El Niño is PH’s biggest risk

El Niño is PH’s biggest risk
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THE El Niño phenomenon would be the country’s biggest risk for 2024, an economist said.

“There is a 56 percent chance according to scientists, that the largest El Niño in the world, in history, will happen in the Philippines. That is our biggest risk for this year,” said economist and professor Ronilo Balbeiran, during the economic briefing hosted by the Mandaue Chamber of Commerce and Industry on Friday, Feb. 16, 2024.

He noted that there are only two events—political instability and calamity—that could make the country’s economy go negative. The past crises, he said, even global economic events did not actually affect the Philippines towards a negative economy.

“The Covid-19 pandemic was not an economic crisis, it was a health crisis that forced us to work from home,” he noted.

According to Balbieran, the government agencies including some players in the private sector are in “alert mode,” with stakeholders in the recent water infrastructure summit in Manila talking about how to fast-track more water projects, including irrigation, among others.

“Everybody is in alert mode now,” he said.

The country grew 5.6 percent in 2023, missing the target of six to seven percent as rising inflation and interest rate hikes dampened household spending power. For this year, the government eyes the country to grow by 6.5 to 7.5 percent.

Extreme weather conditions like El Niño can constrain the supply of rain-driven agricultural commodities that could lead to higher food prices and inflation.

Although the inflation rate has eased in the past months, the Bangko Sentral ng Pilipinas (BSP) said risks remain tilted toward the upside.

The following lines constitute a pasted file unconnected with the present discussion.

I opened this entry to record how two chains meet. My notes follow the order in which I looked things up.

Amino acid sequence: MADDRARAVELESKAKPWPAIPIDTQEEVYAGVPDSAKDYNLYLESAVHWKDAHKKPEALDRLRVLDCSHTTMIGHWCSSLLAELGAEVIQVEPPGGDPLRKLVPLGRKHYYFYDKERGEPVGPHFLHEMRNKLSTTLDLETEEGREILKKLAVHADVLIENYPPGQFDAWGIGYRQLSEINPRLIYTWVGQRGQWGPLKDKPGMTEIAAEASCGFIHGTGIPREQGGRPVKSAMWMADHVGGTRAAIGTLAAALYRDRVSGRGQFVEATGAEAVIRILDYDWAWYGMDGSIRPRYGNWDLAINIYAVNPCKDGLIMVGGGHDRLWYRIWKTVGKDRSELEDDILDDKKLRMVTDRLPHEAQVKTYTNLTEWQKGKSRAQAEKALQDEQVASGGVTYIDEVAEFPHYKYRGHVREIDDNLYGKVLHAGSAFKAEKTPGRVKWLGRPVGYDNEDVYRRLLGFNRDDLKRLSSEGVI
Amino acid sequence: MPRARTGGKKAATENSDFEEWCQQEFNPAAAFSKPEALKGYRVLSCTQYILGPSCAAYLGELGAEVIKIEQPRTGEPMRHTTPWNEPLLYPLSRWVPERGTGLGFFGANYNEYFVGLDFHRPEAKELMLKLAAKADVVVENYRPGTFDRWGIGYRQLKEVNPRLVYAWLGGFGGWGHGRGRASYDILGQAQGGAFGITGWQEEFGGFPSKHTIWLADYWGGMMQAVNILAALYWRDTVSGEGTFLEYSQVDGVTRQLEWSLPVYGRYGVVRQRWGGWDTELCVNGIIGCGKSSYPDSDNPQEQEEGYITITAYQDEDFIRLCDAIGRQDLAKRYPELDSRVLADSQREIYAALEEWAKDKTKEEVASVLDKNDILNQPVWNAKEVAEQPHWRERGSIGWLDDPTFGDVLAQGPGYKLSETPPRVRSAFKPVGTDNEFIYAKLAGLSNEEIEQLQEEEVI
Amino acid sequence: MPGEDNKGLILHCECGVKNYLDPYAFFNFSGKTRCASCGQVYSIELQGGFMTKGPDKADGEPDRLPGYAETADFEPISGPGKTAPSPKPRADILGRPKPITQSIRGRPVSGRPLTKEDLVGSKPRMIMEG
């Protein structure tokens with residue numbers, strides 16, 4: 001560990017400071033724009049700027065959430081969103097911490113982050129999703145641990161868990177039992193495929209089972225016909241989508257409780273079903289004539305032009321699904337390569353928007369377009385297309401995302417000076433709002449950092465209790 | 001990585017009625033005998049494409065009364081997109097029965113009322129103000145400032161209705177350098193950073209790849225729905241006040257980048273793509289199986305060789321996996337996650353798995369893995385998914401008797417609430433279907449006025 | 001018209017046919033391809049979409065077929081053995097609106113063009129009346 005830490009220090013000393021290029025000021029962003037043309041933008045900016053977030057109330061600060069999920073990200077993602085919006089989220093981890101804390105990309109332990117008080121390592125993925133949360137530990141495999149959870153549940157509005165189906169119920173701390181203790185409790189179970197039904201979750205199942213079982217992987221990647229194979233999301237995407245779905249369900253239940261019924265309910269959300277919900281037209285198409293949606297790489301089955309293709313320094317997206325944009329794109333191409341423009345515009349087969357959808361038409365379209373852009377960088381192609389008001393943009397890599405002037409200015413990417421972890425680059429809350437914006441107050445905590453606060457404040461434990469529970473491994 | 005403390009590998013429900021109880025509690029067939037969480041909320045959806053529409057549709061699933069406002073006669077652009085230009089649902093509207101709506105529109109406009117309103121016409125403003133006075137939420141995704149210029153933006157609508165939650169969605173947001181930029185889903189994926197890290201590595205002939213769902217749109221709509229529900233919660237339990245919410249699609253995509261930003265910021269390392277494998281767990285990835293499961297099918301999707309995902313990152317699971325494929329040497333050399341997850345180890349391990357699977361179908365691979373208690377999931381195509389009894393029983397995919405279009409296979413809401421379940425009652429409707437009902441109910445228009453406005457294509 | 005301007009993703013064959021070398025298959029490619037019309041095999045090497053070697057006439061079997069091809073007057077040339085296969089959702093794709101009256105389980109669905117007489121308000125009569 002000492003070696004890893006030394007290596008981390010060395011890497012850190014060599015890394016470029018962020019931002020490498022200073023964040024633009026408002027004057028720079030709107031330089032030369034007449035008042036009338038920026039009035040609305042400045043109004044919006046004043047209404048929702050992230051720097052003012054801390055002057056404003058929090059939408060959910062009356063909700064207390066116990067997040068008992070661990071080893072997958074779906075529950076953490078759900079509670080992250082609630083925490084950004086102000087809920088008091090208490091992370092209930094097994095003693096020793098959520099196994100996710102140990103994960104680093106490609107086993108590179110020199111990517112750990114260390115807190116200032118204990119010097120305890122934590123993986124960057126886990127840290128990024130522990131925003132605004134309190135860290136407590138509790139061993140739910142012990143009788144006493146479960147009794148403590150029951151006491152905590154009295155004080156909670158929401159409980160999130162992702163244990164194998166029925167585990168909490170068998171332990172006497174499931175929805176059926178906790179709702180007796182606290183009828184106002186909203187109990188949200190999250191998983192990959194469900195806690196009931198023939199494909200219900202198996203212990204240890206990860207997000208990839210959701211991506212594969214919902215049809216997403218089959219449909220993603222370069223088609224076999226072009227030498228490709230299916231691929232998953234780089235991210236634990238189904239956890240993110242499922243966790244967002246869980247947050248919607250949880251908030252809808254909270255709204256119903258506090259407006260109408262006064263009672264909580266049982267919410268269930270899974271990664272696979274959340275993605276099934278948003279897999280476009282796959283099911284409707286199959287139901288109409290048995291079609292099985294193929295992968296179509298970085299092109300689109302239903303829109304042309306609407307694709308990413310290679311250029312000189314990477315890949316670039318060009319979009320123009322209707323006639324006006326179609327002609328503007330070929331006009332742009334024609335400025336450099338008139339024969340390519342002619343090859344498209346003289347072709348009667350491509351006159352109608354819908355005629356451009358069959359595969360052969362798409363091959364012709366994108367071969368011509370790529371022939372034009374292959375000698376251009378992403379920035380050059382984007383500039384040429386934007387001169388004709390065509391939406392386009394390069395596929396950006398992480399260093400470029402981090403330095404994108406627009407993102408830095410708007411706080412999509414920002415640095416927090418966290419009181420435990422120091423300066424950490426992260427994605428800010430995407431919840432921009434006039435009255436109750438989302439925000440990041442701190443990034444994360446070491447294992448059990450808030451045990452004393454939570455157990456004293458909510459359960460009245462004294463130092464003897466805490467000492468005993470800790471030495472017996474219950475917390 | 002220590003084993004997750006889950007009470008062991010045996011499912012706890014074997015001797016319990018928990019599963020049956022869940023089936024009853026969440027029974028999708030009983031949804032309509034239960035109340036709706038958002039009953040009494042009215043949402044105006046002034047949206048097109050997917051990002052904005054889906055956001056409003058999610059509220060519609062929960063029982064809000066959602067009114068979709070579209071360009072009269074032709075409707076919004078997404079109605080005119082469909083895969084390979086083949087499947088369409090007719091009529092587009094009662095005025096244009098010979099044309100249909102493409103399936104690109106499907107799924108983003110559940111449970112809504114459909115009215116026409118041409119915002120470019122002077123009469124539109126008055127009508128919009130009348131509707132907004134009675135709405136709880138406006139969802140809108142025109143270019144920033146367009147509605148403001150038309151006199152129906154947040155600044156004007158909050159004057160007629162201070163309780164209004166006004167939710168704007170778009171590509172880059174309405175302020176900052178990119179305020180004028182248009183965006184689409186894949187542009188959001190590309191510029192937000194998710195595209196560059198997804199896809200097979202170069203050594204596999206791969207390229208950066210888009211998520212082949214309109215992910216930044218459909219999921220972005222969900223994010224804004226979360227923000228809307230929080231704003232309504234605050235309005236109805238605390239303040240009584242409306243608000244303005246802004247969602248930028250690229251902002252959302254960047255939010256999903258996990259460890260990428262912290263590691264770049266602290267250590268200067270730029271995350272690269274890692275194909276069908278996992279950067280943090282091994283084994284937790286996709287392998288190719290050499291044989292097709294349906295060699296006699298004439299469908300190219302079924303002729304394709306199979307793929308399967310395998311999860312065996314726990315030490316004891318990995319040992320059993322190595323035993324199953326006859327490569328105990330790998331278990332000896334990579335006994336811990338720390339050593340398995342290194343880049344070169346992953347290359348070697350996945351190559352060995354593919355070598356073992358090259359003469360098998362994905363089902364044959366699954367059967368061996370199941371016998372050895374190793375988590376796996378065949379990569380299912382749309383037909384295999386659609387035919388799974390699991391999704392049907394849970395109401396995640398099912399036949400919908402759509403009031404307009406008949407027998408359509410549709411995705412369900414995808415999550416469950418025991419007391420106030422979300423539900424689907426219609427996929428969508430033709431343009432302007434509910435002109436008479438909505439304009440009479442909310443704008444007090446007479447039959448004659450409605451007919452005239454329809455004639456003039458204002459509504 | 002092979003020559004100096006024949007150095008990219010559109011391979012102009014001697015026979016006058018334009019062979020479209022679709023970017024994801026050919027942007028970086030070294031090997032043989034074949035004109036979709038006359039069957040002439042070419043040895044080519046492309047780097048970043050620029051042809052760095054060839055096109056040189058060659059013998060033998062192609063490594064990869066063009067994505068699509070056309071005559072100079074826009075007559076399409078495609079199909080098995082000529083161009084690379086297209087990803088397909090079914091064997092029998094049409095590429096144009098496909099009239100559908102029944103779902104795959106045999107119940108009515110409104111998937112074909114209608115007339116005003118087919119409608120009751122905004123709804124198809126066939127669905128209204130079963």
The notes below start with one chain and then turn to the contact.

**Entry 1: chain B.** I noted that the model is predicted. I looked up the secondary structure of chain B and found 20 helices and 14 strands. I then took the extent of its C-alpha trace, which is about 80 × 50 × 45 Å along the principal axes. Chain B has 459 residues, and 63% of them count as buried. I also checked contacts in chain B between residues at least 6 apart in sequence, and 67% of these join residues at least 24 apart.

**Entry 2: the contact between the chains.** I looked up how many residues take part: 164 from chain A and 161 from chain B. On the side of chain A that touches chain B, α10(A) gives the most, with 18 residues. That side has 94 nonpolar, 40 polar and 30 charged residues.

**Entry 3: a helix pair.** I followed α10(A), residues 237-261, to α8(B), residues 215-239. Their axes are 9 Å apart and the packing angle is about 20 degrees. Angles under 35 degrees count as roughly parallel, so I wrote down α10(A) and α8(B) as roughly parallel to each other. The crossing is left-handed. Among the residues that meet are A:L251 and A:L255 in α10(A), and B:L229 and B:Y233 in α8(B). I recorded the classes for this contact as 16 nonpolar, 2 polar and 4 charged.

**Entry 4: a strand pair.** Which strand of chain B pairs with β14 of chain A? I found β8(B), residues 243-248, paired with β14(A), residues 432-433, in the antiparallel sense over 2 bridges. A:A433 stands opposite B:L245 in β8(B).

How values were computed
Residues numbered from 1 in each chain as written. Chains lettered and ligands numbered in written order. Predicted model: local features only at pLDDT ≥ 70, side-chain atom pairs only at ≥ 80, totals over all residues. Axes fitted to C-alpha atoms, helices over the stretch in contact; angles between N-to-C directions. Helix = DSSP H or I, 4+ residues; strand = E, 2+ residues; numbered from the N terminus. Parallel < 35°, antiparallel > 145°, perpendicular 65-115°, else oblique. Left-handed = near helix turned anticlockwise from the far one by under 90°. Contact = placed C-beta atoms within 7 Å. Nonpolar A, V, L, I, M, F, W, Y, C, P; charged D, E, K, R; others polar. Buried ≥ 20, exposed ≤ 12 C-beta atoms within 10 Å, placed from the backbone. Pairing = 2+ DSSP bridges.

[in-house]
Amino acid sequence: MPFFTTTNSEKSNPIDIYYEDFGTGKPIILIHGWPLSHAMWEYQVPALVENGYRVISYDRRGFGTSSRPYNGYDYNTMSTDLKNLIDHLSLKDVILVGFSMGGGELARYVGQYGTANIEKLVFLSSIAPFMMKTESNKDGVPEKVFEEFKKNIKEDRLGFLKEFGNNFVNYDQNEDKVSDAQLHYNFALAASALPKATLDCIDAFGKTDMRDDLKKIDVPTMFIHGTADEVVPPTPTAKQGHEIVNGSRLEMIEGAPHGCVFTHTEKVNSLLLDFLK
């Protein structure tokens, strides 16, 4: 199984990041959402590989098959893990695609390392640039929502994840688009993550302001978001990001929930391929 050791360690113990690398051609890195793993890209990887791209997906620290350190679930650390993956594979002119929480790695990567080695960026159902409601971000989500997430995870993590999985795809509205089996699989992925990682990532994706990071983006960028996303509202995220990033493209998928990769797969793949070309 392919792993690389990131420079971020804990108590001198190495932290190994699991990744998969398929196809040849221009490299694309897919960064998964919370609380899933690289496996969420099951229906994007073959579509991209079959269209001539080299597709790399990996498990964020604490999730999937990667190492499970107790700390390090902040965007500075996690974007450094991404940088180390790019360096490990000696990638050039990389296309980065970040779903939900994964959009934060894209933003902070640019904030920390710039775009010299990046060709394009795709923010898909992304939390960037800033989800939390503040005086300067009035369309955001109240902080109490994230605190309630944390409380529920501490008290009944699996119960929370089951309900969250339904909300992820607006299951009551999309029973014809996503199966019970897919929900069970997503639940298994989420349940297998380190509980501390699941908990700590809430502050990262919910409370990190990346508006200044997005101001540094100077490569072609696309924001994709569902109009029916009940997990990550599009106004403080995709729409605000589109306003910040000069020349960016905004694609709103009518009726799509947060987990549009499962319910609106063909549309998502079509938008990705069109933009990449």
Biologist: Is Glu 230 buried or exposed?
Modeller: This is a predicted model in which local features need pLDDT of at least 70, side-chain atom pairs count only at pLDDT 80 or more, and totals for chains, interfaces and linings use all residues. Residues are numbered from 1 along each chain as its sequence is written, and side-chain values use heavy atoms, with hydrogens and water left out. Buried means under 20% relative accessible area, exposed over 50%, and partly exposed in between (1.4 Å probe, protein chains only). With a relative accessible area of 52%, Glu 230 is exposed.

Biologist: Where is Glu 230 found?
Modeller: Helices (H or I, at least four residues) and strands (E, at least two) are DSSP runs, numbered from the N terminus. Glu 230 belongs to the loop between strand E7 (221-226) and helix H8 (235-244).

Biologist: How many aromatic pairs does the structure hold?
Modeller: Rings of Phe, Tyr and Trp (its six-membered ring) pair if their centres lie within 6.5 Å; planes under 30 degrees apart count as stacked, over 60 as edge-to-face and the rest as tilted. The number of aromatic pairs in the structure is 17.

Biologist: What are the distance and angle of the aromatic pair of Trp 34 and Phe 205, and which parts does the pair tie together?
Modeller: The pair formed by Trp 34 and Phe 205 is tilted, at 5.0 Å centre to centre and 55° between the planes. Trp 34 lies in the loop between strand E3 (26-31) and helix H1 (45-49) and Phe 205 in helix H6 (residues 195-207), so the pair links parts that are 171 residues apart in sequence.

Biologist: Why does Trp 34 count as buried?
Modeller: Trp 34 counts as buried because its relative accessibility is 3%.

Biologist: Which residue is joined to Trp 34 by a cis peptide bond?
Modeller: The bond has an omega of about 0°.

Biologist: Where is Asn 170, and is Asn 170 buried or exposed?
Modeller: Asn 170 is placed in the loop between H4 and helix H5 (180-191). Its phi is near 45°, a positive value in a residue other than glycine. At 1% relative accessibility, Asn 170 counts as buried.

Upside risks to the inflation forecasts are linked mainly to higher transport charges, increased electricity rates, higher oil and domestic food prices, and the additional impact on food prices of a strong El Niño episode. On the other hand, the implementation of government measures to mitigate the impact of El Niño weather conditions is the primary downside risk to the outlook.

The country forecasts inflation to settle between two to four percent in 2024.

The country’s El Niño Task Force earlier reported that the number of provinces affected by the El Niño phenomenon was reduced from 50 to 41, according to a report of the PCO.

Of the 41 provinces, El Niño Task Force spokesperson and Presidential Communications Office Assistant Secretary Joey Villarama said 17 provinces are experiencing dry conditions while 10 provinces are experiencing dry spells and 14 provinces are experiencing drought. He assured the public that the task force will continue implementing measures to stave off the effects of the El Niño phenomenon. He added they will particularly focus on the effects on the agriculture sector.

Among the ongoing measures against El Niño, he pointed out, include the ongoing repairs of irrigation systems in affected areas to ensure efficient water supply to crops, and the distribution of farm inputs and implements to farmers, particularly in the regions of Western Visayas and Zamboanga Peninsula.

The Philippine Atmospheric, Geophysical and Astronomical Services Administration (Pagasa) has cautioned the public to expect warmer days ahead as the El Niño may already be at its peak.

The weather bureau said 41 provinces throughout the country are under a state of dry conditions, dry spells and drought. By April and May, Pagasa projects the number of affected provinces to rise to 80.

According to Pagasa Visayas, Cebu and 10 other provinces in Visayas are feeling the effects of the ongoing El Niño.

A Sunstar report said that as of January 2024, 10 of the 11 provinces were experiencing dry conditions, with only one province undergoing a dry spell, according to Pagasa Visayas chief Alfredo “Al” Quiblat Jr.

Areas under dry conditions included Cebu and Negros Oriental in Central Visayas; Antique, Capiz, Guimaras and Iloilo in Western Visayas; and Biliran, Eastern Samar, Leyte and Samar in Eastern Visayas.

Negros Occidental in Western Visayas was the only province experiencing a dry spell.


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